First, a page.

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Richard A. Serrano: Is Meir Kahane's assassin now a changed man?
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Jewz in the Newz by Nate Bloom :
The Kosher Gourmet by Cathy Pollak:
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May 13, 2013
Rabbi Nathan Lopes Cardozo: Why the giving of the document that would permanently change the world could only be done in desolation
David G. Savage:
Church-state, literally? Supreme Court weighing public school graduation in a church
May 10, 2013
Rabbi Berel Wein: Be all that you should be
May 8, 2013
Peter Ford: Why China is welcoming both Israel's Netanyahu and Palestinians' Abbas
Obama administration quietly backs out of appeal over new contraceptive mandate
At Kerry-Putin meeting, US-Russia relations thaw --- a tad
The Kosher Gourmet by Leela Cyd Ross :
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May 3, 2013
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April 29, 2013
Poland's new Jewish museum celebrates life, doesn't revisit Holocaust
Terrorism in America: Is US missing a chance to learn from failed plots?
Boston Bomber's 'Svengali' Revealed
Tiny satellites + cellphones = cheaper 'eyes in the sky' for NASA
April 26, 2013
Clifford D. May:
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Sharon Palmer, R.D.:
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April 24, 2013
Jewish World Review
July 31, 2009
10 Menachem-Av 5769
A Shooting Star Dims
Barack Obama was a rock star on the campaign trail and his aura
went undimmed in his first few months of office. But then he began taking
too many curtain calls. The applause subsided, but he kept coming back to
center stage to try harder to wow us. He forgot what every star must learn,
that you've got to know when to get off that center stage. If you don't have
anything new to say, shut up. This applies even to presidents.
He's reaching for applause lines with the same ol' same ol'. So
his poll numbers begin to shrink. He pushes, and pushes, a flawed health
care scheme without having anything new to add. Then he goes off script to
accuse the Cambridge, Mass., cops of behaving "stupidly" in the arrest of
professor Henry Louis Gates, and loses the applause of fans in the second
When Obama replaced George W. Bush as the top banana, his speech
if not his politics was dramatically refreshing. We were relieved to listen
to someone who wouldn't muff his lines, miss a cue or garble the English
language. Even those who disagreed with what the new president had to say
appreciated his speechifying skills. We became a collective version of
Moliere's "Le Bourgeois Gentilhomme," delighted to discover a leader who
could speak prose.
But we also discovered that a golden-tongued devil could deceive
us with the alchemy of smooth talk at a time when we need straight talk.
Great rhetoricians inevitably betray a weakness, small though it may be.
That's why the poet John Milton gave Satan the best lines, sprinkled with
vivid similes and sparkling metaphors, in "Paradise Lost." All the better to
deceive. By comparison, God in His heaven is plain to the point of boring,
but the smart reader gets the divine meaning.
Nobody likes being deceived. When the Congressional Budget
Office said Obama's health care numbers were wrong and his scheme would cost
a lot more than we had been told, some of us grew suspicious. When the
accountants at the celebrated Mayo Clinic said the cure was worse than the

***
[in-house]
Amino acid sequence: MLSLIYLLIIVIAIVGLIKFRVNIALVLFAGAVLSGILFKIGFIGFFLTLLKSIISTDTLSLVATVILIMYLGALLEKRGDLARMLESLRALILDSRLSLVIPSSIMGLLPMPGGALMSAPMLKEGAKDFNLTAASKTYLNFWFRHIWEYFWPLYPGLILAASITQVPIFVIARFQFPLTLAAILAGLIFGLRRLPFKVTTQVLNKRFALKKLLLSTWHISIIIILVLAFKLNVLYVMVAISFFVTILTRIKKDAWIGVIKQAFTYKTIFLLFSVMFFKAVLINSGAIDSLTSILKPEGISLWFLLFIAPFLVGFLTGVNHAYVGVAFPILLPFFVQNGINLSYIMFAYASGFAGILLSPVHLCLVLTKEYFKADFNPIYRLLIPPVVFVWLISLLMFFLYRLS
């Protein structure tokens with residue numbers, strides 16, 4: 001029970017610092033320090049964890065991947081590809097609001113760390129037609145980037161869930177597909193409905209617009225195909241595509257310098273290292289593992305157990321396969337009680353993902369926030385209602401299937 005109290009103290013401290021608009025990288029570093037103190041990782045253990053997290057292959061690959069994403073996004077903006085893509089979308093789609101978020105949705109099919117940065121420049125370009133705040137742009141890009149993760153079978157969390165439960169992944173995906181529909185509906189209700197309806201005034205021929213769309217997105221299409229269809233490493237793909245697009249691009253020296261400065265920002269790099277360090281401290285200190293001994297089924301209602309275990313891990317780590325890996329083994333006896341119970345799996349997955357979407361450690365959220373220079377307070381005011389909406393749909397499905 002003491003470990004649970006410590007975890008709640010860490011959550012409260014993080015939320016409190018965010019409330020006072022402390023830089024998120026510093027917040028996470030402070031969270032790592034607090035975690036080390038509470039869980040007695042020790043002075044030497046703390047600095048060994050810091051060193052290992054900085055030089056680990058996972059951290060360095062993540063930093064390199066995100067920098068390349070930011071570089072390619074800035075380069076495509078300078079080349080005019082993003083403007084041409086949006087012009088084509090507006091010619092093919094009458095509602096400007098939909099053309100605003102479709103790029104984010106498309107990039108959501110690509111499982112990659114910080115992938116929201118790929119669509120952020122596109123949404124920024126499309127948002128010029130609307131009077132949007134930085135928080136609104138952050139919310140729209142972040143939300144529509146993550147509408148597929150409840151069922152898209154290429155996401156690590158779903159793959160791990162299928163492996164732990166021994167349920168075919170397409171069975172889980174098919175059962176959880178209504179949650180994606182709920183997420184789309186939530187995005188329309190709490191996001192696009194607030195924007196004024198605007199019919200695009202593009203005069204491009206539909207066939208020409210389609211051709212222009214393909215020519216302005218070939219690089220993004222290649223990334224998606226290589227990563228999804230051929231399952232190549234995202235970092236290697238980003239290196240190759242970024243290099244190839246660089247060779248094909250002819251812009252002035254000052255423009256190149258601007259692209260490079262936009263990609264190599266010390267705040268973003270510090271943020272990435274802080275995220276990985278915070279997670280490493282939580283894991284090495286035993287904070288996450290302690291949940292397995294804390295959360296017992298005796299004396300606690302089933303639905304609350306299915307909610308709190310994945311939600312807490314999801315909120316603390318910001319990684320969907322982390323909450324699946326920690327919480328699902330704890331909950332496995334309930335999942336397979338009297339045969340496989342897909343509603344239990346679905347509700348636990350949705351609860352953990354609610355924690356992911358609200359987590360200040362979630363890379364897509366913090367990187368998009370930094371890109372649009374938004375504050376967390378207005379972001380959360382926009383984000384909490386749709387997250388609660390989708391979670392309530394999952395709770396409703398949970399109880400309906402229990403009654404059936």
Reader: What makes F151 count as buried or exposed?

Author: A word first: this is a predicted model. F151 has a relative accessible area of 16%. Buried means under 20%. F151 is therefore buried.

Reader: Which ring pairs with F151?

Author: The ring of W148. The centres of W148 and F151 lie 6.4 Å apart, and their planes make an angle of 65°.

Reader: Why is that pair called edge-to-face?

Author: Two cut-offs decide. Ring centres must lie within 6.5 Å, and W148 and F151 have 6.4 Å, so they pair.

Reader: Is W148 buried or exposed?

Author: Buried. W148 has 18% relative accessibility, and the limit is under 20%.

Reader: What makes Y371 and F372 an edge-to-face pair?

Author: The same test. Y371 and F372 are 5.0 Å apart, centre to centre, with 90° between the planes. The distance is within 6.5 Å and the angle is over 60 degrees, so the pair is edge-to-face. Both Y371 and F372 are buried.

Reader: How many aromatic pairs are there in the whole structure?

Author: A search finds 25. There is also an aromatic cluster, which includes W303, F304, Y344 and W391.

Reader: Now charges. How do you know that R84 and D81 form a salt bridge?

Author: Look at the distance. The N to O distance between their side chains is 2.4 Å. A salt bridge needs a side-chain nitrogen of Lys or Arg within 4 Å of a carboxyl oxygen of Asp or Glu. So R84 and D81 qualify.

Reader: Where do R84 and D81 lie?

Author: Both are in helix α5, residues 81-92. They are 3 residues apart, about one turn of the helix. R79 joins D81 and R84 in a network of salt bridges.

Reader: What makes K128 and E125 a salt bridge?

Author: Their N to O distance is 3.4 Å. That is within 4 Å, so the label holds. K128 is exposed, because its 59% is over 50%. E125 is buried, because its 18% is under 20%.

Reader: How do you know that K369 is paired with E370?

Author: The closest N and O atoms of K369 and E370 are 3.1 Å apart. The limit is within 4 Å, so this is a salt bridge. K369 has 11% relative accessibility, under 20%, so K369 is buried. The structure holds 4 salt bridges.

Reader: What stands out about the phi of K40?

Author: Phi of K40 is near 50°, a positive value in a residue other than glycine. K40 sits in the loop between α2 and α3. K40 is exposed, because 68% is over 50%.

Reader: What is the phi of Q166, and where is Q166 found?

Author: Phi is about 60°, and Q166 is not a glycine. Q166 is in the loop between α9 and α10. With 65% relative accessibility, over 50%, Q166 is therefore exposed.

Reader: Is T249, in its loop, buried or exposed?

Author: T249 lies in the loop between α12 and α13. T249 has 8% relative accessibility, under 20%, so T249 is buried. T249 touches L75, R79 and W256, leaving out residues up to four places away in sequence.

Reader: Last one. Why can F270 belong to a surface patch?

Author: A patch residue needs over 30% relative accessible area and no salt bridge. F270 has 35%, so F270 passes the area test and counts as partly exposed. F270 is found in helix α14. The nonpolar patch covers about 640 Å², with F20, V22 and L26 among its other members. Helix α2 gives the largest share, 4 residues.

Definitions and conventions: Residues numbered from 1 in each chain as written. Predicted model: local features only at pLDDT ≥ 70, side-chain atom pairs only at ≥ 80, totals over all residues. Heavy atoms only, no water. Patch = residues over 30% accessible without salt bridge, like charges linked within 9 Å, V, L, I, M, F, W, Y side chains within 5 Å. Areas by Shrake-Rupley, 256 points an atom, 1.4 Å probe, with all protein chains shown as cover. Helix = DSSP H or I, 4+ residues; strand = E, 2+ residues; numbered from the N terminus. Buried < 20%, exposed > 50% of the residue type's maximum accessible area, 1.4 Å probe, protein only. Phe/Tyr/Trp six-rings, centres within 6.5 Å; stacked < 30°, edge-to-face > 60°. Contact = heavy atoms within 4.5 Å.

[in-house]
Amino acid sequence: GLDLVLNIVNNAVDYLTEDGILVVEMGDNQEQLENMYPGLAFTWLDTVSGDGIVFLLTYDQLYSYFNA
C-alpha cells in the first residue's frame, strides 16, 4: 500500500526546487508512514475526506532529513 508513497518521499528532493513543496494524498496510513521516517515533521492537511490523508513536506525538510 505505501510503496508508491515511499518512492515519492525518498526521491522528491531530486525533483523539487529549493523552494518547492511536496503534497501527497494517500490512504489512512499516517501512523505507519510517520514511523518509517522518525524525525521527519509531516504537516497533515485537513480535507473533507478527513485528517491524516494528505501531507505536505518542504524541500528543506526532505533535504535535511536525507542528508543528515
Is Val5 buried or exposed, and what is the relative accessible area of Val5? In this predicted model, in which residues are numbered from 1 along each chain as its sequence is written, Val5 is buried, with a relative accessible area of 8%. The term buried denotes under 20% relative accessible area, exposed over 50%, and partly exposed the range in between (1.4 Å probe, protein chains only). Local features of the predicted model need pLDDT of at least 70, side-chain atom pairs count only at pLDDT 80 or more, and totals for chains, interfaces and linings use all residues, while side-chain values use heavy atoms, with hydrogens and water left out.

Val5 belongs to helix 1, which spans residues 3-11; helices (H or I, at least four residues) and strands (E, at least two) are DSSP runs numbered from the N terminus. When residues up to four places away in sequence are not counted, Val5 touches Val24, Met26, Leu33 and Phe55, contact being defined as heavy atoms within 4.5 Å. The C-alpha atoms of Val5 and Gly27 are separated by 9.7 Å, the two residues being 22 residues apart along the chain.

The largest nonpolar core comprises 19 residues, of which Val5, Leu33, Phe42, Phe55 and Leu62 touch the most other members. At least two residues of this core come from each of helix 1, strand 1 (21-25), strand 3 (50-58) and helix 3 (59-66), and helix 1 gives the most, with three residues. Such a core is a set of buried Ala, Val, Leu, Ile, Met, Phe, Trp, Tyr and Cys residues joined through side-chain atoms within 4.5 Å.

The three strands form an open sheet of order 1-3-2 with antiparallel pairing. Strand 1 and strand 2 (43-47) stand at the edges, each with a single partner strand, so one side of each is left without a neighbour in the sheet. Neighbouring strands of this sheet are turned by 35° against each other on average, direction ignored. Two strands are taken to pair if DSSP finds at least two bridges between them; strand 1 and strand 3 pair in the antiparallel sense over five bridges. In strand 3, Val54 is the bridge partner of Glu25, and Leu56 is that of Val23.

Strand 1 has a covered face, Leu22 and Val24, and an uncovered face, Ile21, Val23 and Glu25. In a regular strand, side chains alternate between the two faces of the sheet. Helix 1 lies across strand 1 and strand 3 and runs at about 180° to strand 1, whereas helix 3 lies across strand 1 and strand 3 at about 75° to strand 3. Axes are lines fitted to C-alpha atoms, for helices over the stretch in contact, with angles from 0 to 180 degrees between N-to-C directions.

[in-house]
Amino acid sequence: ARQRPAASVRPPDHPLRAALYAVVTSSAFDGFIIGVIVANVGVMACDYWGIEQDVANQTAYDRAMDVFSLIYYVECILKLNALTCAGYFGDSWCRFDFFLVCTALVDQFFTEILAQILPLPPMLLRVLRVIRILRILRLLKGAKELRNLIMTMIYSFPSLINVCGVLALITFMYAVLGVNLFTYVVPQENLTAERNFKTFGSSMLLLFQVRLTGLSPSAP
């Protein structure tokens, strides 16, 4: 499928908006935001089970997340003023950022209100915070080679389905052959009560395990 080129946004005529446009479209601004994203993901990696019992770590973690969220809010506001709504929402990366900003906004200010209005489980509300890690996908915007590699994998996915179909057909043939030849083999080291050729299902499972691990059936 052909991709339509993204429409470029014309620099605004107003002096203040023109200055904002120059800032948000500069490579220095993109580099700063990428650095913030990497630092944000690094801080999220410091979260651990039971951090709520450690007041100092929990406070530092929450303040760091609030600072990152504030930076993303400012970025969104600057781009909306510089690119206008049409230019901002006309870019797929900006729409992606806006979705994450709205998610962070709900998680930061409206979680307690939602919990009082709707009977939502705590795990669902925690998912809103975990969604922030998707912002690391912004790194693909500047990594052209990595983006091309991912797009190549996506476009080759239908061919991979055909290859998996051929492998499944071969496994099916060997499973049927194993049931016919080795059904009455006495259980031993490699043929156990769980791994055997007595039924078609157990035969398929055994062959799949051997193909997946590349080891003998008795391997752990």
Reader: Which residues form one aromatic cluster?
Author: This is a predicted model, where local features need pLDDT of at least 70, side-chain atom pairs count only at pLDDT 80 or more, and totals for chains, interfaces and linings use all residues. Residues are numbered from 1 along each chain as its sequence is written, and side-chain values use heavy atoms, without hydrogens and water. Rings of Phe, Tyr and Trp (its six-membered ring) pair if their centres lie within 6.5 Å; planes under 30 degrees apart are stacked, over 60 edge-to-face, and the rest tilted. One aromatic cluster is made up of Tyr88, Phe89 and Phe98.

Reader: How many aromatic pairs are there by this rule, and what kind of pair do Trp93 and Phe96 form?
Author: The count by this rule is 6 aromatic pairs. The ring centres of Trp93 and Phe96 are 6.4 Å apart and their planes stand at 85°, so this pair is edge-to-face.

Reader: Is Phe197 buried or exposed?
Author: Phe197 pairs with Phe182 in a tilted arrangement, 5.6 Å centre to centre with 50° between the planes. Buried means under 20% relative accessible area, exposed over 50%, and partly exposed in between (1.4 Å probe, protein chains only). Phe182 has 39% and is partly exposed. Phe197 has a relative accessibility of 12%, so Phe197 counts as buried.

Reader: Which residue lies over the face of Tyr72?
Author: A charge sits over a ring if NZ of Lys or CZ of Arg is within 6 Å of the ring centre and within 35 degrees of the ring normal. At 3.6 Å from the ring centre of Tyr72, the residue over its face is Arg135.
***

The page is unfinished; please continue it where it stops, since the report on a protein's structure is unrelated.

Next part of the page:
disease, more of us decided that we didn't want the president's medicine.
When the Blue Dog Democrats vowed not to be rushed to such an important
decision, a lot more of us began to listen closely to other sides.
The Clinton administration knew Hillarycare would be a tough
sell, so they kept it secret while they worked on it. That scheme crashed,
anyway, when we discovered that it would make health care worse, not better
but more elusive. The Obama administration has gone to the other extreme,
turning it over to Congress where everybody wants to get an oar in, and
we're frightened on a daily basis. Meanwhile, the president keeps repeating
his defensive rhetoric, defying the drip, drip, drip of hard, cold facts.
His health care scheme promises change, but it's hard to see how both
quantity and quality of care will not be compromised. Can the president
deliver both? He no longer sounds like a man who thinks he can.
The frightening facts are sometimes subtle and can't be found in
presidential press conferences. Will the new emphasis on bureaucratic
control mean that the medical schools will attract mediocre applicants from
a diminished pool of bright young men and women, who are willing to enter a
profession that will tie them up in a tangle of endless red tape? Does it
mean that the scientists who've produced miracle drugs through a capitalist
system, which rewards accomplishment, will take their inventiveness
somewhere else? As old people increasingly outnumber the young, will health
care be increasingly perceived as an expensive burden to be avoided?
There's another wrinkle that's difficult to straighten out. The
push to require giving insurance to people regardless of pre-existing
medical conditions may lead young men and women to opt out of paying for
health insurance, until they find themselves with a medical condition that
requires expensive care. They'll risk gambling that they can pay for it
themselves when they need it.
The president likes golf because the greens provide refuge from
the public. Just as he wants to get away from us, more of us feel the urge
to get away from him. Too many press conferences and speeches without
anything new to say bores us, too. While he works on his backswing and short
putts, he might think about the tough questions that so far he can't answer.
He can take his time getting back to us.
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